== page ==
Working Groups Eurasian Dry Grassland Group (EDGG)

The Eurasian Dry Grassland Group (EDGG) is a network of researchers and conservationists interested in Palearctic natural and semi-natural grasslands. We live from the activities of our members. Everybody can join EDGG without any fee or other obligation.

Latest news:

April 13, 2017 - 14th Eurasian Grassland Conference
Semi-natural grasslands across borders
4-11 July 2017 in Riga, Latvia and Western Lithuania
Conference webpage:
Our last bulletin is available. The main items in this Bulletin are the invitation to the next EDGG Field Workshop in Serbia, a scientific paper on Italian grasslands, a book review and information about forthcoming events. Please click to download and enjoy reading!

The EDGG covers all aspects related to natural and semi-natural grasslands, in particular:
plants - animals - fungi - microbia - soils - taxonomy - phylogeography - ecophysiology - population biology - species' interactions - vegetation ecology - syntaxonomy - landscape ecology - biodiversity - land use history - agriculture - nature conservation - restoration - environmental legislation - environmental education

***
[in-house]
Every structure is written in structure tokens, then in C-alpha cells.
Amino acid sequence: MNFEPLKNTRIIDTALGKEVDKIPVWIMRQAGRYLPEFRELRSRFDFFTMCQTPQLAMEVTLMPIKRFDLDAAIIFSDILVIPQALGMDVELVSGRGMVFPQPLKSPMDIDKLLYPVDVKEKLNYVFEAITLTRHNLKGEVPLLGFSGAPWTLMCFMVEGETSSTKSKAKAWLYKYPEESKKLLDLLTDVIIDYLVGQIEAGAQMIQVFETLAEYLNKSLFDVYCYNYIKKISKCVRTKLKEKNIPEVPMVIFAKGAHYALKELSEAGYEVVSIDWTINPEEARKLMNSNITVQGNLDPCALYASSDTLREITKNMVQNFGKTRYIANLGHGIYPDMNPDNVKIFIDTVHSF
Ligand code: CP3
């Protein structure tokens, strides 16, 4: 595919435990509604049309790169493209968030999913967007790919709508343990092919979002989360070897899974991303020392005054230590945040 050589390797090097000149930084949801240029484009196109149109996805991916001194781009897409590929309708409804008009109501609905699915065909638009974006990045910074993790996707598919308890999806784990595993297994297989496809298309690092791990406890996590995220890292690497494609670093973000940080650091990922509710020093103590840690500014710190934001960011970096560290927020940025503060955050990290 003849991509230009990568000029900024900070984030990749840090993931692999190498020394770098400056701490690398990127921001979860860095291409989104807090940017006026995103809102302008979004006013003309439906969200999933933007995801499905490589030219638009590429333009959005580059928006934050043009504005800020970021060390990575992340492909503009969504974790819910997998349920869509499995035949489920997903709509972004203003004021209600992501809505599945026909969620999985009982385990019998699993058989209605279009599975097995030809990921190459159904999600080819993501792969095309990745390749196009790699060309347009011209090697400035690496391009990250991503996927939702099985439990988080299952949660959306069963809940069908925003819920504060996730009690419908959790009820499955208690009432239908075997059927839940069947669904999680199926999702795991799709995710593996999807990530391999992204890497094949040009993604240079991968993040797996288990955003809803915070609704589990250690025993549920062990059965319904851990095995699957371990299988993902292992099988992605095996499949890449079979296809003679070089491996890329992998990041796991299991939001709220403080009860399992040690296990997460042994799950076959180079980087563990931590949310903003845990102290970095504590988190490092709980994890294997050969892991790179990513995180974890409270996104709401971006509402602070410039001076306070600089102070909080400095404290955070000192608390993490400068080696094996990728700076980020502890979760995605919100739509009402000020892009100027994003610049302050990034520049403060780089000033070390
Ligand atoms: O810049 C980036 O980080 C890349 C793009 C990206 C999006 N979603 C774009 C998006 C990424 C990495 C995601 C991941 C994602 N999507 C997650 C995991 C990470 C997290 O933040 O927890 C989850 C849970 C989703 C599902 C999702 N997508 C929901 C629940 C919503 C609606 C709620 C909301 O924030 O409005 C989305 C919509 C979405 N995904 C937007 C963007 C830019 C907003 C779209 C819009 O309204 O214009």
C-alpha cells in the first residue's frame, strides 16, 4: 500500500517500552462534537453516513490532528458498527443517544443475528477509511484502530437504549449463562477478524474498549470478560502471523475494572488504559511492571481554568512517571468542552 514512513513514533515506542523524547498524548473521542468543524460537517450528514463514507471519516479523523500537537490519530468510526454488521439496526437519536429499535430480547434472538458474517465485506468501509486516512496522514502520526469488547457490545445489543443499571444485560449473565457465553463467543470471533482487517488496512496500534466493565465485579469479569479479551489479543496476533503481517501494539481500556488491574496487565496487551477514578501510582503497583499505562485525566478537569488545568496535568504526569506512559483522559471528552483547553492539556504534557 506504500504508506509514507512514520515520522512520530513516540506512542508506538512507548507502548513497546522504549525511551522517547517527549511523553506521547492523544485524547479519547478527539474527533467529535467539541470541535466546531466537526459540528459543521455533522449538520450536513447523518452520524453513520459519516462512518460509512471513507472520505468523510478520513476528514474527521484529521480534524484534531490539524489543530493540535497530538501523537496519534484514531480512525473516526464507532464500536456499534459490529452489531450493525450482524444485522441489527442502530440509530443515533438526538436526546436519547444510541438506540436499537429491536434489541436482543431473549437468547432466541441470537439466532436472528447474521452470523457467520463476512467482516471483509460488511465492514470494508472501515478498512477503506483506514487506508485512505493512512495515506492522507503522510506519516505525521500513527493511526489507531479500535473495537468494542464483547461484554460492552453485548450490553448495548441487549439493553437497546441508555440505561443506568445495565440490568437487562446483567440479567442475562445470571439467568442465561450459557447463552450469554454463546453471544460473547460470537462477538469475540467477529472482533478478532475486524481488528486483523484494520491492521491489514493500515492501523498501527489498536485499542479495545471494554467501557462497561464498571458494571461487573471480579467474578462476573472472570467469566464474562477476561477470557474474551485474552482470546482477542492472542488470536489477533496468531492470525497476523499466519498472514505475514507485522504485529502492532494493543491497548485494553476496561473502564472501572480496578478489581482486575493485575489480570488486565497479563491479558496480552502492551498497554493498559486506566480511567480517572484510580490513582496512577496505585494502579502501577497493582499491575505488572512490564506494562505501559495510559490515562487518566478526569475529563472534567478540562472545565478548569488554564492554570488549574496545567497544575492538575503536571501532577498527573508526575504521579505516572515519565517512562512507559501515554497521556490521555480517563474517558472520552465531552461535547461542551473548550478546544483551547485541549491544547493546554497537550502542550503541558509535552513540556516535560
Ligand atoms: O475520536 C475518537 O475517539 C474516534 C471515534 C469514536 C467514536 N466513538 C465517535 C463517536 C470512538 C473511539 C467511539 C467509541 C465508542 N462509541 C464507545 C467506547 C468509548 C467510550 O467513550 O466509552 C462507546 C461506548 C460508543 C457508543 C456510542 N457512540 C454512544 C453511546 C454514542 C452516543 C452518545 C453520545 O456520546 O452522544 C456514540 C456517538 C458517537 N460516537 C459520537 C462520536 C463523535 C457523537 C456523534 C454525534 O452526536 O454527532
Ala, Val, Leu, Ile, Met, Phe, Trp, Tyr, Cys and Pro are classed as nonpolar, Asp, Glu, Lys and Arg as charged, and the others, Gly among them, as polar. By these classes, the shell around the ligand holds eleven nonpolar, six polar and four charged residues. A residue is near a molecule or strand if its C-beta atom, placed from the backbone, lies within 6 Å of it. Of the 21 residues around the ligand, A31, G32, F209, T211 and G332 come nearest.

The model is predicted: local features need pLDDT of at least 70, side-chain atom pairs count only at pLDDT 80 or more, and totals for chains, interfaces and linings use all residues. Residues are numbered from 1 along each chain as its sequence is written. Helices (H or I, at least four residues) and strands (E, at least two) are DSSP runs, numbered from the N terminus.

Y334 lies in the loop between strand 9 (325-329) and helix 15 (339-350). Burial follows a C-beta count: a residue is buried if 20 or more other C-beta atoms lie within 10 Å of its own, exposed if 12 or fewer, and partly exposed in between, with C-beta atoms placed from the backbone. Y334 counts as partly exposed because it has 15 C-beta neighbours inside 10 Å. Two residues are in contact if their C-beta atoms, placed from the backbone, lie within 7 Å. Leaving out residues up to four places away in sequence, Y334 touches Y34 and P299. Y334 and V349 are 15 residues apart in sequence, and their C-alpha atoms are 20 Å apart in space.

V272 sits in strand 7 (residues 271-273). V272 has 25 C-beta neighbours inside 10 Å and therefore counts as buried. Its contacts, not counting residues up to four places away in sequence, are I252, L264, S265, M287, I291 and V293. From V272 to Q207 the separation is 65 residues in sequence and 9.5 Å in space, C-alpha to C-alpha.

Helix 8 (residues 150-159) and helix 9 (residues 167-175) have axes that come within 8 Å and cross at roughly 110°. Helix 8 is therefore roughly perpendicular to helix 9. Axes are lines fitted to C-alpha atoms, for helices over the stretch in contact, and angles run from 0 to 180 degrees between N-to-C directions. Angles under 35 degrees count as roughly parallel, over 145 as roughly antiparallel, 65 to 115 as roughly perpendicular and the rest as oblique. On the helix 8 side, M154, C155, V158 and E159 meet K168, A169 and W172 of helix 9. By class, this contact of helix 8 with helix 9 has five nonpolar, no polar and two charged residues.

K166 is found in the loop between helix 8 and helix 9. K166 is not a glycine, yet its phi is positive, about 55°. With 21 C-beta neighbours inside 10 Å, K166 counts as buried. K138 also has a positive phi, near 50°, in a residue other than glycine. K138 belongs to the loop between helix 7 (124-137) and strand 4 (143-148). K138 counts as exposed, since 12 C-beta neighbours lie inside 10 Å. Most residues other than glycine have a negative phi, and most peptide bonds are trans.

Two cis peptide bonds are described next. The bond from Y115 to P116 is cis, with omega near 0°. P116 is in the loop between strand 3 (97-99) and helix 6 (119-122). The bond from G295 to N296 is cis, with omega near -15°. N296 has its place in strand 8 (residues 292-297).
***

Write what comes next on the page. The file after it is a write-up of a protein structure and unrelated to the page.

The basic aims of the EDGG are:

  • to compile and to distribute information on research and conservation in natural and semi-natural grasslands beyond national borders;
  • to stimulate active cooperation among grassland scientists (exchanging data, common data standards, joint projects).

To achieve its aims, EDGG provides four facilities for the information exchange among grassland researchers and conservationists:

Depending on both the wishes and the contributions of our members, 
one could think of additional activities, such as:

  • organisation of grassland sessions at conferences of other organisations,
  • organisation of specific courses for students, scientists, and practioners (e.g. determination of byophytes, lichens or critical vascular plant groups; methods in vegetation sampling and classification; methods in biodiversity research; conservation measures),
  • organisation of field trips (e.g. for sampling relevé data in under-
    represented regions),
  • establishment of common data standards for national/regional vegetation databases and combination of such data in large-scale meta-analyses,
  • joint application for international research projects.


Contact persons:
Peter Török, University of Debrecen, Hungary
Idoia Biurrun
Report: 2013

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Journal of Vegetation Science

Applied Vegetation Science

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